Wakefield's two political parties have strongly condemned HS2 in a rare display of cross-chamber unity.
Councillors unanimously voted in favour of a motion by Labour backbencher Kevin Swift, which restated the authority's opposition to the project, as forecasts around its overall cost continue to spiral.
£56bn has been budgeted for the project, which is not due to be completed until at least the mid-2030s. But a leaked report in December suggested the final price of the work may be closer to £100bn.
At a full council meeting on Wednesday, Labour and Tory members queued up to rubbish the scheme, which was originally conceived by the Conservative-Lib Dem coalition government, with the support of the then Labour opposition in Parliament.
There is particular concern among activists in Crofton, where high-speed trains are set to run through if HS2 becomes a reality.
Coun Swift said: "One thing you don't hear people complaining about is trains to London being too slow.
"In fact, that's regarded as one of the strong points of the transport network in our area.
"They (HS2 chiefs) say they'll stick to the £56bn, and every week you hear things which suggest it will actually go way beyond that."
The council's transport portfolio holder Matthew Morley said that train travel had become a "necessary evil" for commuters.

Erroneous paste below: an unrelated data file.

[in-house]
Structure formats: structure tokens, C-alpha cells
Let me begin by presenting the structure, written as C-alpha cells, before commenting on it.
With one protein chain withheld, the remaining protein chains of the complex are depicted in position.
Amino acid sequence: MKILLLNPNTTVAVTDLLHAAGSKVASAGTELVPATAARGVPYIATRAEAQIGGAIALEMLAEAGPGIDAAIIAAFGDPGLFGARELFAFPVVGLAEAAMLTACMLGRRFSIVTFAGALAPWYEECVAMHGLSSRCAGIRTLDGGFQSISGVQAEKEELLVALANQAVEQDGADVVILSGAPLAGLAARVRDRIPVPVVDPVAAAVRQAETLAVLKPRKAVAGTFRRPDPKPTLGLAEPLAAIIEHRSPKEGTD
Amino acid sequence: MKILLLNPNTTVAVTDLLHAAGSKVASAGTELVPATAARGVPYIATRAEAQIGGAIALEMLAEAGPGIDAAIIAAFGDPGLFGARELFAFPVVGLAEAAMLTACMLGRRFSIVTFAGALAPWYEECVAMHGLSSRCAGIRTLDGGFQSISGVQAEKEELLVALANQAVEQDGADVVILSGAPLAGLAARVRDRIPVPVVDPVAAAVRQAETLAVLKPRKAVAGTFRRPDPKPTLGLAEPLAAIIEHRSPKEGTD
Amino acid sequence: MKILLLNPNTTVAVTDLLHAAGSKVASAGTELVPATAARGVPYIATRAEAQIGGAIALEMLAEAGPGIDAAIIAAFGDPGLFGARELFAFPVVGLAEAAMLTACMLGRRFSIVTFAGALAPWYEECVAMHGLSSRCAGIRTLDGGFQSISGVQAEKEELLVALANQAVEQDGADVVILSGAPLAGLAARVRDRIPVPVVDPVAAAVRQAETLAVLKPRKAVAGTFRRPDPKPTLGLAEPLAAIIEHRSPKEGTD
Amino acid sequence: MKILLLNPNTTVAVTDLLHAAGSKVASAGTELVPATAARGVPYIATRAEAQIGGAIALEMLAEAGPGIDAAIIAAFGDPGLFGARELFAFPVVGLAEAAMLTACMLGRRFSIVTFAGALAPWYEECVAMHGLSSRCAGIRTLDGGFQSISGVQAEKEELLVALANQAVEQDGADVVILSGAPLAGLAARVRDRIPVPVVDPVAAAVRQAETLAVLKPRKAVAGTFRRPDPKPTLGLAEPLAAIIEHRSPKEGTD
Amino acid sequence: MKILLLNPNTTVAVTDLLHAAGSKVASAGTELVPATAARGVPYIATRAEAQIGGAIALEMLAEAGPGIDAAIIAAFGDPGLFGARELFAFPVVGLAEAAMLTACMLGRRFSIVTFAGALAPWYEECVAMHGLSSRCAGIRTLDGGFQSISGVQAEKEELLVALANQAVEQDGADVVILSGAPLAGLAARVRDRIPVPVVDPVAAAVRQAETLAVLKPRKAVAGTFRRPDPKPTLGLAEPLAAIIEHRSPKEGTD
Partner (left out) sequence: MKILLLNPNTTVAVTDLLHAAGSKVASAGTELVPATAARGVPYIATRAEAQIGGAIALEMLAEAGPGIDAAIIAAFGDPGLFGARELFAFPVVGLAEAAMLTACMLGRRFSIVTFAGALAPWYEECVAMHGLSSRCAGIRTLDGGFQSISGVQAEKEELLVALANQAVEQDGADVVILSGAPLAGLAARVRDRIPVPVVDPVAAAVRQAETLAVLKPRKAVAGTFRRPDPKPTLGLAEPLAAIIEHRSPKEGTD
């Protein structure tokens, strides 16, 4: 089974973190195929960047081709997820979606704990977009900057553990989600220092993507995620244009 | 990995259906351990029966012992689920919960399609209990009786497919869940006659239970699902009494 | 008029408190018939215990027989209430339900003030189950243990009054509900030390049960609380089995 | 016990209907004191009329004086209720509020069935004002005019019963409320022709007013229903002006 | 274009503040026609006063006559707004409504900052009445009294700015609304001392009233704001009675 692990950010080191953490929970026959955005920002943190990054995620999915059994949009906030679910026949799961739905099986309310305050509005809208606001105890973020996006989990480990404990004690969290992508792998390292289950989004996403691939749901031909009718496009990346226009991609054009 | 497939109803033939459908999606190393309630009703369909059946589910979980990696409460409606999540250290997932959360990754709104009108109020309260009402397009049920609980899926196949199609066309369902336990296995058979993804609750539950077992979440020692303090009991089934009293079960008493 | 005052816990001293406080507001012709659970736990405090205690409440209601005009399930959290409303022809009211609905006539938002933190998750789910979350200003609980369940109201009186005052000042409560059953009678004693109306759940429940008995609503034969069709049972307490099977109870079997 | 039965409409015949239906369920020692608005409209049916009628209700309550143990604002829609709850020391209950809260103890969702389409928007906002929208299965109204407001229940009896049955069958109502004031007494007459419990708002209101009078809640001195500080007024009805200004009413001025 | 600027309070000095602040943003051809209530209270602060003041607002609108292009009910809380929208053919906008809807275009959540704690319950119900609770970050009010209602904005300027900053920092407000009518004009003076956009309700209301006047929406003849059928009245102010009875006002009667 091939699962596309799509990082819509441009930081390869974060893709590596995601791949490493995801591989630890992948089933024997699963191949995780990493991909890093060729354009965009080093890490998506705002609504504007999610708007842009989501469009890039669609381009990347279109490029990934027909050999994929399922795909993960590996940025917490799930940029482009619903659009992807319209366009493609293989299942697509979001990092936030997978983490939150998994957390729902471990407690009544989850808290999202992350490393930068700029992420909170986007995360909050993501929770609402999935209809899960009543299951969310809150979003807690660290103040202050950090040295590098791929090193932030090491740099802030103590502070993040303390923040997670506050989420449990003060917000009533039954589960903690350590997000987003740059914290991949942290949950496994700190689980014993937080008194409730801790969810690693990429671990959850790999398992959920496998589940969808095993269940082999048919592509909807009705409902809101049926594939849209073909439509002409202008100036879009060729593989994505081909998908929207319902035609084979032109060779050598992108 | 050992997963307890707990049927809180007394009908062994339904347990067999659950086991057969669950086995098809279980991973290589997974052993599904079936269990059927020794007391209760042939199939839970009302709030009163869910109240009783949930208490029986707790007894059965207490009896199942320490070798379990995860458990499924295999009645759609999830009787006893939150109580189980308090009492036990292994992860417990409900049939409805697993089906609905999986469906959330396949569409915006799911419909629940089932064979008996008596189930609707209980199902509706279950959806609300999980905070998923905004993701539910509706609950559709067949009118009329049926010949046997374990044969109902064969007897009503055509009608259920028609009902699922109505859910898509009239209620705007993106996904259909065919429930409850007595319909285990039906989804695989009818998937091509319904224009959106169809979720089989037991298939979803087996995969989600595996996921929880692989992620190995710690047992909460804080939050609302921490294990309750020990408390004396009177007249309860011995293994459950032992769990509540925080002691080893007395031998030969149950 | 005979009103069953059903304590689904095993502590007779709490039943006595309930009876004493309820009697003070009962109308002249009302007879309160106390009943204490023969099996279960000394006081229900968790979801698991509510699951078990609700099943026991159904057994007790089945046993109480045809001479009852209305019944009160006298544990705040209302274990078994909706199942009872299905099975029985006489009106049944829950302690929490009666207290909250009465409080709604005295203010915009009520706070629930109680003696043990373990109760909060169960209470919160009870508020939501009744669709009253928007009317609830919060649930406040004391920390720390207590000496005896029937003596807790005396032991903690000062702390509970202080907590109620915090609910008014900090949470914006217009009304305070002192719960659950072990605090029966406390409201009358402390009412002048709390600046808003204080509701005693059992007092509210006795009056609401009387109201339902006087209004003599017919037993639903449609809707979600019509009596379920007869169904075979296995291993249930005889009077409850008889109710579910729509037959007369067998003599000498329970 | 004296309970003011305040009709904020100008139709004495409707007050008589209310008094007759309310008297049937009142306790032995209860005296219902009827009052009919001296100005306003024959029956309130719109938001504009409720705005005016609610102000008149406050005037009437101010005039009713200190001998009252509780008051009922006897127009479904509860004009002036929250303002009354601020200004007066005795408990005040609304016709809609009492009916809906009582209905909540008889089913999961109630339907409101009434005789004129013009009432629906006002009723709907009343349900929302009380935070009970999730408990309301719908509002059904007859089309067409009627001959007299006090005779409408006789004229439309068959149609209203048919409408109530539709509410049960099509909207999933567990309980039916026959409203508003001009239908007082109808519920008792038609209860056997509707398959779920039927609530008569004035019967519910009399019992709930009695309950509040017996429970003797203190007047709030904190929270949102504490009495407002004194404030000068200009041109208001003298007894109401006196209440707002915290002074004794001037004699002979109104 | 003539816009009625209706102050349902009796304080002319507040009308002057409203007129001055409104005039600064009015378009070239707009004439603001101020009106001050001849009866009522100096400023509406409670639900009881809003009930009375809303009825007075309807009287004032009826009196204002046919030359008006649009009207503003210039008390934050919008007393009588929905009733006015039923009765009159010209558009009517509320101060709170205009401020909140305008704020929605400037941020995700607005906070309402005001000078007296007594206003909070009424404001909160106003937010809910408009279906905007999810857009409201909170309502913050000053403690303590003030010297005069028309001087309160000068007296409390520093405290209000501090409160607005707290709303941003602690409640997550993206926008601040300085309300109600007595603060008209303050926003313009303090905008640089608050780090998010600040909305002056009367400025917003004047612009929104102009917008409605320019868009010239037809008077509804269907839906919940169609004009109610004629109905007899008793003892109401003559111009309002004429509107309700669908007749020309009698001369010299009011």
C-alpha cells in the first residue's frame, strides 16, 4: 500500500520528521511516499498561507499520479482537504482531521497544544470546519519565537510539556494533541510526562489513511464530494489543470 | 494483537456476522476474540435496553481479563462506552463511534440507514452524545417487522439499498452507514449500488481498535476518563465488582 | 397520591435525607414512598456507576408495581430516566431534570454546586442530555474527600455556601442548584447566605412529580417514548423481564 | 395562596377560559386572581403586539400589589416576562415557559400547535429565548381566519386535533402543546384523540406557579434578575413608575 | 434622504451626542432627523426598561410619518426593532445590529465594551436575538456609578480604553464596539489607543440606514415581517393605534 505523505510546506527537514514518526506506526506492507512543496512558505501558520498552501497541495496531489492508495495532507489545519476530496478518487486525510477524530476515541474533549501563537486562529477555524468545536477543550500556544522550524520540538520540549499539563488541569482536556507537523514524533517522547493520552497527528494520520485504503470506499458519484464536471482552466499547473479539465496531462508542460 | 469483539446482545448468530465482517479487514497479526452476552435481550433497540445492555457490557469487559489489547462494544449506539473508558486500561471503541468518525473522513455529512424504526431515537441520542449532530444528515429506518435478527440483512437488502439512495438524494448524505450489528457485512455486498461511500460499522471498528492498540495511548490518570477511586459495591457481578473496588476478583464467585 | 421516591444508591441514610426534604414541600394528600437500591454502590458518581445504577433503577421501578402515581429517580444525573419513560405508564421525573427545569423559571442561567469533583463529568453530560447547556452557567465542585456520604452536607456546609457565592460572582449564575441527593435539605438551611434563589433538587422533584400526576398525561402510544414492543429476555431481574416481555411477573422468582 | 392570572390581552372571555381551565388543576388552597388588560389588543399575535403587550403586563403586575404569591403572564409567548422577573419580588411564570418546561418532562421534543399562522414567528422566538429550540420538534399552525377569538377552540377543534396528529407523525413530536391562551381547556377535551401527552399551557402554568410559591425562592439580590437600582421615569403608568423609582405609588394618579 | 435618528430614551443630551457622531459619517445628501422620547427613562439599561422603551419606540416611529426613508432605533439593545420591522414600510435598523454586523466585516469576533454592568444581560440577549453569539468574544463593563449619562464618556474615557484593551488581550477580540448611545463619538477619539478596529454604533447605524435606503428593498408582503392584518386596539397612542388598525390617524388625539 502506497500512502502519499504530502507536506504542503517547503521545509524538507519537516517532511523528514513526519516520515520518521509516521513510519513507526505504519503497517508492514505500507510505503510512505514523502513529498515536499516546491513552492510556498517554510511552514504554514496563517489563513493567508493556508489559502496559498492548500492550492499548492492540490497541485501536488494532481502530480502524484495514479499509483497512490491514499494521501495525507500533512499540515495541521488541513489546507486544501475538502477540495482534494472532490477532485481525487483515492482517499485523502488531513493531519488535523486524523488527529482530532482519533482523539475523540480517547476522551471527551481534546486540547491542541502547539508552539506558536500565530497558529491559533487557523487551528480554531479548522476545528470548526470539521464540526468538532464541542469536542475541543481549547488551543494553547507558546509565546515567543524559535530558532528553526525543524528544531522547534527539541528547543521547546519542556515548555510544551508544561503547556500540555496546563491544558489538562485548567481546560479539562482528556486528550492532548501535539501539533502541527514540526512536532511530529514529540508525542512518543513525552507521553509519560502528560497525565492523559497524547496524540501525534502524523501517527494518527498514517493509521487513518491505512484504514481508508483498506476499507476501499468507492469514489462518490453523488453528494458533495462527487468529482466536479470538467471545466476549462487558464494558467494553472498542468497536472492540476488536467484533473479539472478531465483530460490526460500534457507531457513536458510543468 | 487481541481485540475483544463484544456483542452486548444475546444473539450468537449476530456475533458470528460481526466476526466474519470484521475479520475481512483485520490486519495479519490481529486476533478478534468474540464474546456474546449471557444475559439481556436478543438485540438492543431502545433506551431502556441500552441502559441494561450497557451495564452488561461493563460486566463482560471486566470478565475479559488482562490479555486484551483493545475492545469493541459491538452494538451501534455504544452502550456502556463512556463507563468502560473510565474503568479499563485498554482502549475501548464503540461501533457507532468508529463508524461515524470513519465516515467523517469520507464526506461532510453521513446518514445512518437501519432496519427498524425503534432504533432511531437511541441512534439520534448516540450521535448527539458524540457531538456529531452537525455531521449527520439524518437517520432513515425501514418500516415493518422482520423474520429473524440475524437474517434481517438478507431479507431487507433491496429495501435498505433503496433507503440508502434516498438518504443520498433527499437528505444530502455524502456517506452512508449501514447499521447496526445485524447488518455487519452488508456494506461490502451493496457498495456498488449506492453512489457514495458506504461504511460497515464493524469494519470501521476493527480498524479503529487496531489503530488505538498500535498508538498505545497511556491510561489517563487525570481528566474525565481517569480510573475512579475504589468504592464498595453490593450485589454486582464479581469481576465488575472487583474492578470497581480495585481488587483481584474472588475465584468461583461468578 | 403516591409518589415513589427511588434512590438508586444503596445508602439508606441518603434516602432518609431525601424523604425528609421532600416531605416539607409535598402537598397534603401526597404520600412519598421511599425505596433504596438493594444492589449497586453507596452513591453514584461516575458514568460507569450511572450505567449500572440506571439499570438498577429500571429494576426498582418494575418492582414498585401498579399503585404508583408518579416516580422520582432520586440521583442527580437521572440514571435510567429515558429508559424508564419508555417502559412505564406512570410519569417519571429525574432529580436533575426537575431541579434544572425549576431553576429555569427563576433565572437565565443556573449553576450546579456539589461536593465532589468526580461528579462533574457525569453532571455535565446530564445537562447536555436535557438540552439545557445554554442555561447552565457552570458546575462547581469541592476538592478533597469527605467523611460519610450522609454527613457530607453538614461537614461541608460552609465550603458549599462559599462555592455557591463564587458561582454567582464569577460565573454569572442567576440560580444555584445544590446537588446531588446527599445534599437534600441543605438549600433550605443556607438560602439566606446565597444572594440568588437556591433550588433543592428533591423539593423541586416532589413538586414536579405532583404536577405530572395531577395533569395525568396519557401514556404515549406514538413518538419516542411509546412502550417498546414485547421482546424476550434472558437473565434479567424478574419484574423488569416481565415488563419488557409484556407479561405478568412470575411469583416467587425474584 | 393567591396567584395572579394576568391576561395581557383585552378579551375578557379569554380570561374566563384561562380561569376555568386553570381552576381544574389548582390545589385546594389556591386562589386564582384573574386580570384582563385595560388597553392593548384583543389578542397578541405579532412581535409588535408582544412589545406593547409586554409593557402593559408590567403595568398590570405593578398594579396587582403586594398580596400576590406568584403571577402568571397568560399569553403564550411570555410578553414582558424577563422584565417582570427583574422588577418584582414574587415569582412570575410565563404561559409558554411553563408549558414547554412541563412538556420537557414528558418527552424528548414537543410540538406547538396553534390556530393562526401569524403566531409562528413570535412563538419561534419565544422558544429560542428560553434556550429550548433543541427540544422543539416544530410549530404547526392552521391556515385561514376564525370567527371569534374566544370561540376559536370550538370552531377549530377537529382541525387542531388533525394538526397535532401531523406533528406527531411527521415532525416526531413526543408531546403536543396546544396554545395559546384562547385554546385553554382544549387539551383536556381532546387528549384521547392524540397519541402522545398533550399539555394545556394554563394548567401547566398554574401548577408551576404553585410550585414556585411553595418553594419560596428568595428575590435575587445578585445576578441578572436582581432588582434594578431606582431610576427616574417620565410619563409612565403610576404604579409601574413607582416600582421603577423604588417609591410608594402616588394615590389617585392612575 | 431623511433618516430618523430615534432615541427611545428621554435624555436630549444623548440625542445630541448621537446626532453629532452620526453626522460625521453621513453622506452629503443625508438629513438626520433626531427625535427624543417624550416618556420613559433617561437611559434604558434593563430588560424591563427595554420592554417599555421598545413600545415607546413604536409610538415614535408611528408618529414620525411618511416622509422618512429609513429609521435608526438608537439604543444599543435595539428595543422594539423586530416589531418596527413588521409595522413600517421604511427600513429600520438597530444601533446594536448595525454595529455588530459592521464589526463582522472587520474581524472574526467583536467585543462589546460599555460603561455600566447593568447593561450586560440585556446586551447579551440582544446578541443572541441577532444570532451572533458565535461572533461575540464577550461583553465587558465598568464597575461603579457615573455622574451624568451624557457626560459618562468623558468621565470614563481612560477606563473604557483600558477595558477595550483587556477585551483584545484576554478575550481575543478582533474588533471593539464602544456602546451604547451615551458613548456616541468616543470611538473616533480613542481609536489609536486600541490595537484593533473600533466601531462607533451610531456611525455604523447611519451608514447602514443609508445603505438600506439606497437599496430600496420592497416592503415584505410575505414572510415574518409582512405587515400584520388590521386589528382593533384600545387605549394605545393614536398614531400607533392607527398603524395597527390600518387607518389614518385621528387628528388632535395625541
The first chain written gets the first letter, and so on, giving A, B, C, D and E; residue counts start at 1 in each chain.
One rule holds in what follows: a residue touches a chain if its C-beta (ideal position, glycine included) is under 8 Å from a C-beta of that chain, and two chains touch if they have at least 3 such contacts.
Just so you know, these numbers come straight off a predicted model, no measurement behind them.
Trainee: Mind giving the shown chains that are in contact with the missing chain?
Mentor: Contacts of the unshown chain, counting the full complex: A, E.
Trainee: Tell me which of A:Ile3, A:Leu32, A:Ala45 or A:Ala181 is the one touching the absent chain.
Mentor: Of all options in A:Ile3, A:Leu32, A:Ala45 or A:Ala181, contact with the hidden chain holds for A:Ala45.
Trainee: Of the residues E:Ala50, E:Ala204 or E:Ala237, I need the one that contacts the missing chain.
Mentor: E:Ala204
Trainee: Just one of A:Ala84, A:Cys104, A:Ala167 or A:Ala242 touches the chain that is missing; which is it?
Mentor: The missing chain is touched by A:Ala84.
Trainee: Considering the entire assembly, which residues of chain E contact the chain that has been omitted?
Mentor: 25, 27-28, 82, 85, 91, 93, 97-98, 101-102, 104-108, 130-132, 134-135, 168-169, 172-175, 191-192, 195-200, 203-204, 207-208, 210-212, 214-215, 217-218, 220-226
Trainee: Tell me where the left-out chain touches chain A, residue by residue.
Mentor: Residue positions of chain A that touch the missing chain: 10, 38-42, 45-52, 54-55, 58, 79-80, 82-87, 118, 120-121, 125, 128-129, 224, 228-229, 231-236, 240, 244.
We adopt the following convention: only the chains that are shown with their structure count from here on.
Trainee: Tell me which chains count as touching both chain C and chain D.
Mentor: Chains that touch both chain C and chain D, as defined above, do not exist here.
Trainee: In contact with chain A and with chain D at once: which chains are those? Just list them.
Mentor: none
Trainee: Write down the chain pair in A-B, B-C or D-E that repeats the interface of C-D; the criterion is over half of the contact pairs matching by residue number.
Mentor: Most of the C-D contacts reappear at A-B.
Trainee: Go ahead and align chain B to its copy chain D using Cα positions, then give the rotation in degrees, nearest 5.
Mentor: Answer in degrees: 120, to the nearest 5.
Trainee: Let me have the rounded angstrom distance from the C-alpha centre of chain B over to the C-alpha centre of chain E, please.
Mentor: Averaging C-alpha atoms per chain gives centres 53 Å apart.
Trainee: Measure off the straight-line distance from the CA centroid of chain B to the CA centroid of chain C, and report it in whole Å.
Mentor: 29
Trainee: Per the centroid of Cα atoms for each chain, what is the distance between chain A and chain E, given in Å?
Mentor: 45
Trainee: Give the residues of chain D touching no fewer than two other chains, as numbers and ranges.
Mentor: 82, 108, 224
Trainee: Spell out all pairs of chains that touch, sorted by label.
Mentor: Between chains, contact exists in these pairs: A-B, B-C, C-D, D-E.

He said: "Will it benefit the people of Featherstone, Pontefract, Outwood, Normanton who currently suffer from bad trains? No it won't, it will be the business and banking executives.
"What we need is a train service for the many and not the few."
A Guardian report on Tuesday suggested that the north-south divide may actually widen as a result of HS2, despite executives insisting it will help the north.
Conservative group leader Nadeem Ahmed suggested that councillors lobby the district's MPs to stop the project going further.
He said: "It will be out of date by the time it's delivered and will offer no benefit to Wakefield, or Leeds in that sense.
"It's a waste of space, a waste of time, a waste of money and no-one should be supporting anything to do with it.
"I think it's a load of rubbish."